Aliso Viejo Ranch
Welcome to the former Moulton Ranch!
The Aliso Viejo Ranch site contains the oldest structures in the City and represents the last physical evidence of the region’s late-19th and early 20th century agricultural past. The site is a part of what was once the vast 22,000-acre Moulton Ranch, and the remaining buildings, artifacts, and farming implements highlight the rich ranching history of South Orange County.
This site was one of the headquarters of L.F. Moulton & Co. The ranch used to have sheep and cattle in the rolling, open hills of Orange County. We invite you to step back into time with our historical images and maps that will guide you further as you visit our partner site. This location is 7.7 acres that would have been considered a camp. This site was leased and paid residuals to the company. The foreman would operate a site and lived on the premises. The team of workers rested in the bunkhouse and were served meals by a cook.
From sheepherding to cattle, the ranch operated year round and was very weather dependent. Seasonal droughts affected crops and livelihoods.
Aliso Viejo Ranch
The city constructed the new barn in a manner that resembles historic barns that used to be on Moulton Ranch. The innovative space has been engineered to contain modern fixtures such as the solar powered roof. The interior flex-space is used for events.
It contains Moulton Museum exhibits that include Native American and Moulton family history. Artifacts include a carriage and recreation of Lewis’ office with a series of checks, ledgers, and personal papers.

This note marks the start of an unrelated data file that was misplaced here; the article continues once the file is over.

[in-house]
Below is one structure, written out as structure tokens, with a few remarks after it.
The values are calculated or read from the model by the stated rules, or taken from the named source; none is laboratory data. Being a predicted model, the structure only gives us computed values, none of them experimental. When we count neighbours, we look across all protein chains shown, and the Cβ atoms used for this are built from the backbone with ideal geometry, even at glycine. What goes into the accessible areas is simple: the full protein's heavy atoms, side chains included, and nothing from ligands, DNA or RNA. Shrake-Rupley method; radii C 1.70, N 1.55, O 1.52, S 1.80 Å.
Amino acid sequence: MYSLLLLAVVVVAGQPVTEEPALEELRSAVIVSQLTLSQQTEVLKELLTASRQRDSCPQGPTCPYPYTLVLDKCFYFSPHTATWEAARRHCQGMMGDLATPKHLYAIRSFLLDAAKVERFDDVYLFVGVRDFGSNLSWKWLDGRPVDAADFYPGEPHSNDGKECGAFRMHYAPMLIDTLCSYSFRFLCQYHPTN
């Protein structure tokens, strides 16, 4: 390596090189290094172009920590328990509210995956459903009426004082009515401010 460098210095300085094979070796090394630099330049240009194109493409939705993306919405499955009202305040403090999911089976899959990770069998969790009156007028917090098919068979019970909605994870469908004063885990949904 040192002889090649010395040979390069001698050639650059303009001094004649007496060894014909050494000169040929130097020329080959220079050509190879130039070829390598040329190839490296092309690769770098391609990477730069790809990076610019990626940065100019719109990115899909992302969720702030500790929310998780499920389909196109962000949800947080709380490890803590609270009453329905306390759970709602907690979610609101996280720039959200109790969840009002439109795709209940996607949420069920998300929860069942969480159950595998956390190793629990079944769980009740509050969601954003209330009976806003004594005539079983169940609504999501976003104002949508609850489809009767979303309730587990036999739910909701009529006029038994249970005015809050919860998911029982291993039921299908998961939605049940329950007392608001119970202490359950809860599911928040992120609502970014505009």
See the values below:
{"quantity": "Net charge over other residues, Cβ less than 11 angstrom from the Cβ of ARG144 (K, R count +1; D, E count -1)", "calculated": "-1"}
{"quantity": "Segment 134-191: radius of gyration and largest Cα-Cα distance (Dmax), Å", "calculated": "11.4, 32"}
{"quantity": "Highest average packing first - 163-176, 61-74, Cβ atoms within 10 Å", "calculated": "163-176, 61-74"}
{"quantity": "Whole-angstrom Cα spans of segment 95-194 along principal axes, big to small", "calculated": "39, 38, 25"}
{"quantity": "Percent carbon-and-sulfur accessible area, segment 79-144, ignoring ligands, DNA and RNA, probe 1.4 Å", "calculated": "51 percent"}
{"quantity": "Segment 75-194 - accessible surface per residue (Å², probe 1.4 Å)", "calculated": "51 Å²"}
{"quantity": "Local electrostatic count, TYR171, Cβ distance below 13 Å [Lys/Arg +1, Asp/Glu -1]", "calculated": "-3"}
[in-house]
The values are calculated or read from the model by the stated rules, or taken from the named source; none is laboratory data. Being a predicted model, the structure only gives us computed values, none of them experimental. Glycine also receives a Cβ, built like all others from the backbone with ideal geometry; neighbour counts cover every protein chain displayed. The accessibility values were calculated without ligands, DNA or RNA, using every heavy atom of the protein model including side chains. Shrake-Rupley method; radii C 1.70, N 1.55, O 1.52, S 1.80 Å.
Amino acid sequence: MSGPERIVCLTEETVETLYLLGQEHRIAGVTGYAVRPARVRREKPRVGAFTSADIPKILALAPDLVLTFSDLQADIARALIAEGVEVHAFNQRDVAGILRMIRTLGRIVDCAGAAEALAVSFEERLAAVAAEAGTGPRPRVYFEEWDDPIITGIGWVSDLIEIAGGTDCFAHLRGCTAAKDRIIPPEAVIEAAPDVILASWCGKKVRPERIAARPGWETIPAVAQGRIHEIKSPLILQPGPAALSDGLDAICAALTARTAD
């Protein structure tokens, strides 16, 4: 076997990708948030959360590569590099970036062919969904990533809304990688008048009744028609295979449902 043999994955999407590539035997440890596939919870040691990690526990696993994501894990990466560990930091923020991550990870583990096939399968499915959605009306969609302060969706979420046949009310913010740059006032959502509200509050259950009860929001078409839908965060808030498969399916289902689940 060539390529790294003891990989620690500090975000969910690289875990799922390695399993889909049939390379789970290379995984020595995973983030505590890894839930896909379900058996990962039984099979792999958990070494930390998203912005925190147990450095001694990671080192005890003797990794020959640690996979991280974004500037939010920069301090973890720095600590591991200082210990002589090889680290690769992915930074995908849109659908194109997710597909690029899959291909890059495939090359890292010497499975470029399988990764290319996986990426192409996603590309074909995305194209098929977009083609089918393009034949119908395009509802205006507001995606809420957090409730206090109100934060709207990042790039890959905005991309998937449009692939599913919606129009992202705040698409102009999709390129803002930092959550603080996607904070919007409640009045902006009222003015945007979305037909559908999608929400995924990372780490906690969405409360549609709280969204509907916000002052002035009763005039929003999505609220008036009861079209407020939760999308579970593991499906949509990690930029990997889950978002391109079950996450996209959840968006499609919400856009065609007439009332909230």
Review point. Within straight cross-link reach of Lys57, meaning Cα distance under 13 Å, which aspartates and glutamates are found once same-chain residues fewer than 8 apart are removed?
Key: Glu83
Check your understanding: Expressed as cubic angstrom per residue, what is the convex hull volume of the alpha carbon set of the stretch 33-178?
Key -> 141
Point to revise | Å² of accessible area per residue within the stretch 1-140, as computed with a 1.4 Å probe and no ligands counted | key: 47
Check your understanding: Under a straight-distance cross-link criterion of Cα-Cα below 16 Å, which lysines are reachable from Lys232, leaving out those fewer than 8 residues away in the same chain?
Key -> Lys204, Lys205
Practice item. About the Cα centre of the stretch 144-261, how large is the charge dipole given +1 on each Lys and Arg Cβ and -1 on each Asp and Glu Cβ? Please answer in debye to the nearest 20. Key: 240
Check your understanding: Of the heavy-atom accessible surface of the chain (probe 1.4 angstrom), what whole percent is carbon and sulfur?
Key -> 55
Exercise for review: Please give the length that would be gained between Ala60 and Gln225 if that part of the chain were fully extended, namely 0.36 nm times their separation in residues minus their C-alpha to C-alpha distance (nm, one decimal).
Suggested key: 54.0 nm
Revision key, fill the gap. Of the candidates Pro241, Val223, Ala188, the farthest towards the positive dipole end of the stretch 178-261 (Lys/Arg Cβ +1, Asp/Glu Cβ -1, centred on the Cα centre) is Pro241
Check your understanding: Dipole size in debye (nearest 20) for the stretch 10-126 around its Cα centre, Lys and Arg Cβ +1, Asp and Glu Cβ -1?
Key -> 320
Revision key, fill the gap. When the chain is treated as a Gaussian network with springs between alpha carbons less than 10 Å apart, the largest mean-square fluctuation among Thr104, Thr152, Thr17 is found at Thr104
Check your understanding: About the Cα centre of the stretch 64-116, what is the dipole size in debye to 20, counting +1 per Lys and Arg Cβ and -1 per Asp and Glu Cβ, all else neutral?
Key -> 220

Lewis F. Moulton's Office & Personal Papers
White Barn Storehouse
L. F. Moulton & Co. referred to this as the Mule Barn (highlighted in yellow) on the Lewis Fenno Moulton Ranch El Toro, California Imagined as it was when Charlotte Grew Up prior to 1935 map (shown above). It was where all the historic farming instruments were stored throughout the years. Shown in the photo above, the barn had been in a state of disrepair. It had to be moved to pour new foundation and be certified for modern building standards. It was reduced in its size back to the original 1920s scale before the Mission Viejo Company utilized it for commercial purposes.
Today, it serves as an office and meeting space for the city. You can see the historical integrity of the site when you step into the space where the original beams are showcased along new ones.
This historic structure was added in the 1920s to house the men who helped operate Moulton Ranch. They were American, Basque, Mexican, and Native American people. The language was diverse just like the various roles on the ranch: sheepherder, farmer, fence puller, cowboy, cook, and blacksmith. There was enough room to sleep and rest from the long days that started at sunrise and completed at sundown. The cook would prepare them hearty meals such as meat and potatoes to sustain them for rigorous work.
Moulton Ranch was sold to Mission Viejo Company in 1976. The company used this site as an office when they planned the development of the city.
Today, this is a meeting room for the city. The museum uses it for art and history exhibitions with our community partners like LCAD.
This building was originally constructed in the 1920s. It is a reproduction based on archival images that the museum provided to the historic architectural firm. Many foremen lived here during the 20th century. Louise Hanson’s photo album referred to it as the “Little House” as shown in the color image from the 1970s.
Today, this site serves as headquarters for Gold Coast Farms that has a hydroponic system. They sustain our community by educating and donating produce to Orange County Food Bank.